Ruling is the first conviction for police killings in the Philippines drug crackdown that’s claimed thousands of lives.
A Philippine court on Thursday sentenced three police officers to up to 49 years in jail for the murder of a 17-year-old high school student, the first to be convicted in President Rodrigo Duterte’s controversial drug war.
The Caloocan City regional trial court declared the three policemen guilty for the killing of Kian Lloyd delos Santos in August 2017 in a dark, trash-filled alley in a northern suburb in the capital, Manila.
“A shoot first, think later attitude can never be countenanced in a civilised society. Never has homicide or murder been a function of law enforcement. The public peace is never predicated on the cost of human life,” said the ruling by Judge Roldolfo Azucena.
This was the first case of what human rights advocates say was an extrajudicial killing carried out by state agents in the 29-month war on drugs, which saw close to 5,000 people dead in police anti-drug operations.
Police reject allegations the killings were executions, saying the drug peddlers and users were killed in shootouts, and they were acting in self-defence.
The death of the teenager delos Santos stirred unprecedented public attention to what activists say are executions and systematic abuses by police backed steadfastly by Duterte.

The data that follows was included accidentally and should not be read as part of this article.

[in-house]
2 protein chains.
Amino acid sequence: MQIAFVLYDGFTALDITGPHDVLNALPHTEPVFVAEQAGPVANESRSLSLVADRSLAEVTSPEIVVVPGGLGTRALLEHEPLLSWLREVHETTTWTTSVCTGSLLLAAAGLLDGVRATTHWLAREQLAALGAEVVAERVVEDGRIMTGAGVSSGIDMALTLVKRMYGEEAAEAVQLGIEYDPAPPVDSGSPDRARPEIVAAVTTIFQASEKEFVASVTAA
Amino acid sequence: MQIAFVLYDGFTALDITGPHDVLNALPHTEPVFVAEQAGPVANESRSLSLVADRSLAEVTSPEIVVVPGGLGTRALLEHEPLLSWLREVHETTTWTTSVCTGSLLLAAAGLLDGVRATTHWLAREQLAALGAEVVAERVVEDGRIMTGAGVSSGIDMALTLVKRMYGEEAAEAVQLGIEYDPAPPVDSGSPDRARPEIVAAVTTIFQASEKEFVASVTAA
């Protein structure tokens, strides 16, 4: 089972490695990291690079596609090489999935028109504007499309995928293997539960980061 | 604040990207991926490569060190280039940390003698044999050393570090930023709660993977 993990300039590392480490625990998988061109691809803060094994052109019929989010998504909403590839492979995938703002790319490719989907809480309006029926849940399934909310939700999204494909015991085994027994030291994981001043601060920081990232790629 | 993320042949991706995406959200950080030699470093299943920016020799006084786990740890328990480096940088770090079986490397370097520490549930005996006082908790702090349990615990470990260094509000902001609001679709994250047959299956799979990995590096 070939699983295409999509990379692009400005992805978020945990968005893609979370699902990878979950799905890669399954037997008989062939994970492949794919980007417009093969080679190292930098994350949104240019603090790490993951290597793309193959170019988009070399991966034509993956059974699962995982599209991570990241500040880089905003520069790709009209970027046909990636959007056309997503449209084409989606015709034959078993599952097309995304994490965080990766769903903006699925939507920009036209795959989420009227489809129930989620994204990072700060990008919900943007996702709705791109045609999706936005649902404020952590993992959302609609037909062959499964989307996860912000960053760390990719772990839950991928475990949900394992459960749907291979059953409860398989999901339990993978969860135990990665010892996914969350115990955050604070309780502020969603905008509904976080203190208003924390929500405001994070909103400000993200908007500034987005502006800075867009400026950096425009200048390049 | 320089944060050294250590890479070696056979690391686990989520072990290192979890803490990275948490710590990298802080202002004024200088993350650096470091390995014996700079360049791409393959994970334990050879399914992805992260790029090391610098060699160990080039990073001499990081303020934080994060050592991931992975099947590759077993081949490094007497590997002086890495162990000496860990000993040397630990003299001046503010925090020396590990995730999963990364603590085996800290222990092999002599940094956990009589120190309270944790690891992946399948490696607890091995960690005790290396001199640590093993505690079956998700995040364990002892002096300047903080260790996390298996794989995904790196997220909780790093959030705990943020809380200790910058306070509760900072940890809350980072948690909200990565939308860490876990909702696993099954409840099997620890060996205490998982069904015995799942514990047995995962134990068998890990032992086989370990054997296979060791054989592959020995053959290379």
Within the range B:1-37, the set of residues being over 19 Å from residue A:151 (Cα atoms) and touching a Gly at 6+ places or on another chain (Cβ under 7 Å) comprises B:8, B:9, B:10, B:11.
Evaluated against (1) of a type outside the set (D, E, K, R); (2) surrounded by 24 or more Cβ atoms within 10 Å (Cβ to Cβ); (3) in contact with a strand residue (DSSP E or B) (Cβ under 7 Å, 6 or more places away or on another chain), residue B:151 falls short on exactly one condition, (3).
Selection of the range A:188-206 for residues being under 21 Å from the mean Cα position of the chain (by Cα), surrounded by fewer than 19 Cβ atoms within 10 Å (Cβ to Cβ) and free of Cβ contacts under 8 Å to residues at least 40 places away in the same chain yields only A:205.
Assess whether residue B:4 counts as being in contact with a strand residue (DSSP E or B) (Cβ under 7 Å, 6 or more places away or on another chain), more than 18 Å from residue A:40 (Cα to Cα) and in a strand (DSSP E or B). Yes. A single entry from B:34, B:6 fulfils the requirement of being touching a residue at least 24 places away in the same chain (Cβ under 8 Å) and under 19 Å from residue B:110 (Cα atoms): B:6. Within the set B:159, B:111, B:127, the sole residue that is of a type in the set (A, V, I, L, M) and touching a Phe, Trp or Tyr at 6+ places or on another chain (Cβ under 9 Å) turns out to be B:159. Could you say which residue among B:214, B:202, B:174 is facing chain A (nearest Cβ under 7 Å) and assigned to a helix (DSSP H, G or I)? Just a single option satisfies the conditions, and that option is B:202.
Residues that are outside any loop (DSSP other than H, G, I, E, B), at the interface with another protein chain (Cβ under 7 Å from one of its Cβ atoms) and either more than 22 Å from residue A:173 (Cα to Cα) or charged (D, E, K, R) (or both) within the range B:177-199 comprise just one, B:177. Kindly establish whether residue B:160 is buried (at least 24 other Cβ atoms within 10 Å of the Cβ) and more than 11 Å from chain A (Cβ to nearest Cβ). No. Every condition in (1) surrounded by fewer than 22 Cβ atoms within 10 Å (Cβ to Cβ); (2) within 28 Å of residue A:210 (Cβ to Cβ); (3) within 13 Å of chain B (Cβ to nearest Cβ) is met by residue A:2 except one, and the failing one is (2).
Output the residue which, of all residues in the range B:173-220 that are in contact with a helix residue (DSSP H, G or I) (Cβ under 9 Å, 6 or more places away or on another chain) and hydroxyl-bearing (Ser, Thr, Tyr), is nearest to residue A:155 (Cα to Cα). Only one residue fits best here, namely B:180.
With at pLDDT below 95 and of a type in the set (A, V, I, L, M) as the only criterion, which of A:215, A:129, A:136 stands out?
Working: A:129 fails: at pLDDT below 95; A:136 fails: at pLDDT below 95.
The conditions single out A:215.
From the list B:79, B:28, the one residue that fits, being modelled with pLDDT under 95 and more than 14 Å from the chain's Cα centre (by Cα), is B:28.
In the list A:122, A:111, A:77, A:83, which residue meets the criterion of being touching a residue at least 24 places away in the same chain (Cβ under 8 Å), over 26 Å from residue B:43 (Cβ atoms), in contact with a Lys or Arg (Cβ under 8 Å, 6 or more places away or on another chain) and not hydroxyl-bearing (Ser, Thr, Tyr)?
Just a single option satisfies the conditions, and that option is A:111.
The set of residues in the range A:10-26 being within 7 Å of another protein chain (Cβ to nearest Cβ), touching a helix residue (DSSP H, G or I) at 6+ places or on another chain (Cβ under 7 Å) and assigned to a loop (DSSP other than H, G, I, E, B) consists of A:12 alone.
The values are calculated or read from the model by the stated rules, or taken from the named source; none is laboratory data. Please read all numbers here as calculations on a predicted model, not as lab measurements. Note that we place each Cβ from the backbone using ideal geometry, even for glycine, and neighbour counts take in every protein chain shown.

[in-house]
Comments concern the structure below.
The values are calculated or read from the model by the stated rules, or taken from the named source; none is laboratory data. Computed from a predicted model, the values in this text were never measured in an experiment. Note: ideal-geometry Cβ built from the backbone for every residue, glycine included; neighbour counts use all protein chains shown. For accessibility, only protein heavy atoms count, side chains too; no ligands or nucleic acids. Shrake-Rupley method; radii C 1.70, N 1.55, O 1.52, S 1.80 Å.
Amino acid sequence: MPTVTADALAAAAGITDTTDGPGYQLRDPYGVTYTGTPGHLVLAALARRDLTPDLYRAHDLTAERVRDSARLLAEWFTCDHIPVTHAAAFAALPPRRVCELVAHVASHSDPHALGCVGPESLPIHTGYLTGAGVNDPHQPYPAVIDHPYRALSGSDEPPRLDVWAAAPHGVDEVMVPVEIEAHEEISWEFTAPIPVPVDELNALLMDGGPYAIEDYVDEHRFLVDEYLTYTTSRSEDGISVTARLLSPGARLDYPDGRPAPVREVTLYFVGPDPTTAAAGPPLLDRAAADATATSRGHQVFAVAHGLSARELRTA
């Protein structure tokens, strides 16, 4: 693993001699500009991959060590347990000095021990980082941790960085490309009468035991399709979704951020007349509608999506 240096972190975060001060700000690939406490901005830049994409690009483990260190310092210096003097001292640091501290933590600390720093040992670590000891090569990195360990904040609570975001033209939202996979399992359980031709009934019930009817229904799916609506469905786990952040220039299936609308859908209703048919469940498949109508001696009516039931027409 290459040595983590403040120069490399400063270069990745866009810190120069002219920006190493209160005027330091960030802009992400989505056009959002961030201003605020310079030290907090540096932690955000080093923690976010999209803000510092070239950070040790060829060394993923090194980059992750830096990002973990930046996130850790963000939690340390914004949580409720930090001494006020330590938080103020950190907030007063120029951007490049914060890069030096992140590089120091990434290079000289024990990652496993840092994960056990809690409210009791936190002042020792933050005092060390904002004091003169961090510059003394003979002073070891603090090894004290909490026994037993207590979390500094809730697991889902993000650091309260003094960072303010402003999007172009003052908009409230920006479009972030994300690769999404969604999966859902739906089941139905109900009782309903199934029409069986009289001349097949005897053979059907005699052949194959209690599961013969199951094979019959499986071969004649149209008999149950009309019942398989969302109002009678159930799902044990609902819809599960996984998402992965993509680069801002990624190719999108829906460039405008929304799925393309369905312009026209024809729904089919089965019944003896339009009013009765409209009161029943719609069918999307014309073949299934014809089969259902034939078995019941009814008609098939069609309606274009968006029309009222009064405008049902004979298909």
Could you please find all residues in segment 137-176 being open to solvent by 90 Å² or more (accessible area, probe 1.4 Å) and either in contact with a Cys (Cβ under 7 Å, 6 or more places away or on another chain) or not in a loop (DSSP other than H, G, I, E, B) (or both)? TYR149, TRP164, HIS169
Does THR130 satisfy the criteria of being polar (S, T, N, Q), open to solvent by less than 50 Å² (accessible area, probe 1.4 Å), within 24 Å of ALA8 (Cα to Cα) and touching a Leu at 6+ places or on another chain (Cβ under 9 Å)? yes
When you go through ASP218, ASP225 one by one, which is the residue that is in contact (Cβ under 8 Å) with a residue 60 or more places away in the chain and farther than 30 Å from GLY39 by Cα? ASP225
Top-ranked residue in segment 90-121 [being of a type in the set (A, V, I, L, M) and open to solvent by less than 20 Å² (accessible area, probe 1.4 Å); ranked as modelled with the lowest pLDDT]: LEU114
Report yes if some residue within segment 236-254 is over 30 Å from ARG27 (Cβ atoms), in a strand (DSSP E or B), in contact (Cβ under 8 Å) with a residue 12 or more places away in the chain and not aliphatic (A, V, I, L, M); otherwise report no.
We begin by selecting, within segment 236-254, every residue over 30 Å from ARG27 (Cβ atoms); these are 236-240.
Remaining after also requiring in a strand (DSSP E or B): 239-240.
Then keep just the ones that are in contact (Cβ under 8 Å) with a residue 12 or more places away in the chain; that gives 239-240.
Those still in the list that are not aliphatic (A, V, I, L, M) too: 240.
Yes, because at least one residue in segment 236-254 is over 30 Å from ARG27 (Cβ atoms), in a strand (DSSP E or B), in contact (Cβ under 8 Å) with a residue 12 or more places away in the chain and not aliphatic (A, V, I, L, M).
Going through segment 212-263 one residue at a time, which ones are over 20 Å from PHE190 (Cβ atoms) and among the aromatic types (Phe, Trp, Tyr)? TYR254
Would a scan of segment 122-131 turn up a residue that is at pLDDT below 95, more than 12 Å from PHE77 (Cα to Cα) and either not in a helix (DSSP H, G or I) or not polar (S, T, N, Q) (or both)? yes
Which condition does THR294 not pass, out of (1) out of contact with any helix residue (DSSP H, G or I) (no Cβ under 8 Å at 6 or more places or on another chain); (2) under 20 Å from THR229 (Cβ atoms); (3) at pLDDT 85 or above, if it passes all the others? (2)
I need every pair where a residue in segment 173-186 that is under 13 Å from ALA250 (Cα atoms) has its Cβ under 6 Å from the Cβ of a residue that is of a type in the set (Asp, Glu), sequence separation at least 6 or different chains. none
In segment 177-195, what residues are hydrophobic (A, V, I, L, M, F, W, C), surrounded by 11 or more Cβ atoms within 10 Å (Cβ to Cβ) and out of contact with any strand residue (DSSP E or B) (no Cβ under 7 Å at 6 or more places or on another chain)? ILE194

“We respect the decision of the court. We don’t tolerate any erring police officers,” said Benigno Durana, national police spokesman, adding the police force “stand fully behind police officers engaged in the drug war, who are doing their jobs within the bounds of the law.”
‘This is murder’
Duterte, a firebrand leader who unleashed the ferocious war against illegal drugs after coming to power in June 2016, has more than once said he would not allow police officers to go to jail for killing drug users and pushers.
But shortly after the verdict was handed down, Duterte’s spokesperson Salvador Panelo said: “This is murder, there is intention to kill. The president would never tolerate that.”
Duterte’s government has repeatedly said there was no declared policy to kill drug users and dealers.
“The conviction of the three police officers for murdering Kian de los Santos is a victory for justice, but it is not enough. The killings must stop,” said Jose Manuel Diokno, chairman of the Free Legal Assistance Group (FLAG).
FLAG has questioned the legality of the drug war before the Philippine Supreme Court.
Delos Santos was found dead in an alley with a gun in his left hand. Security cameras showed the officers aggressively escorting a male matching delos Santos’ description in the direction of the spot where he was killed.
“Justice was served for my son,” Kian’s mother Lorenza delos Santos told reporters outside the courtroom. “We were able to prove that my son was innocent of all the accusations hurled against him.”
Others also praised the court ruling.
“This is a light in the darkness. Despite the gruesome climate of killing and impunity in the country, this verdict sends the message that there is hope and justice,” said opposition Senator Risa Hontiveros.
Carlos Conde, Philippines researcher for Human Rights Watch, told AFP news agency: “This is a warning to the Philippine National Police that they better follow due process and respect the rights of suspects.”
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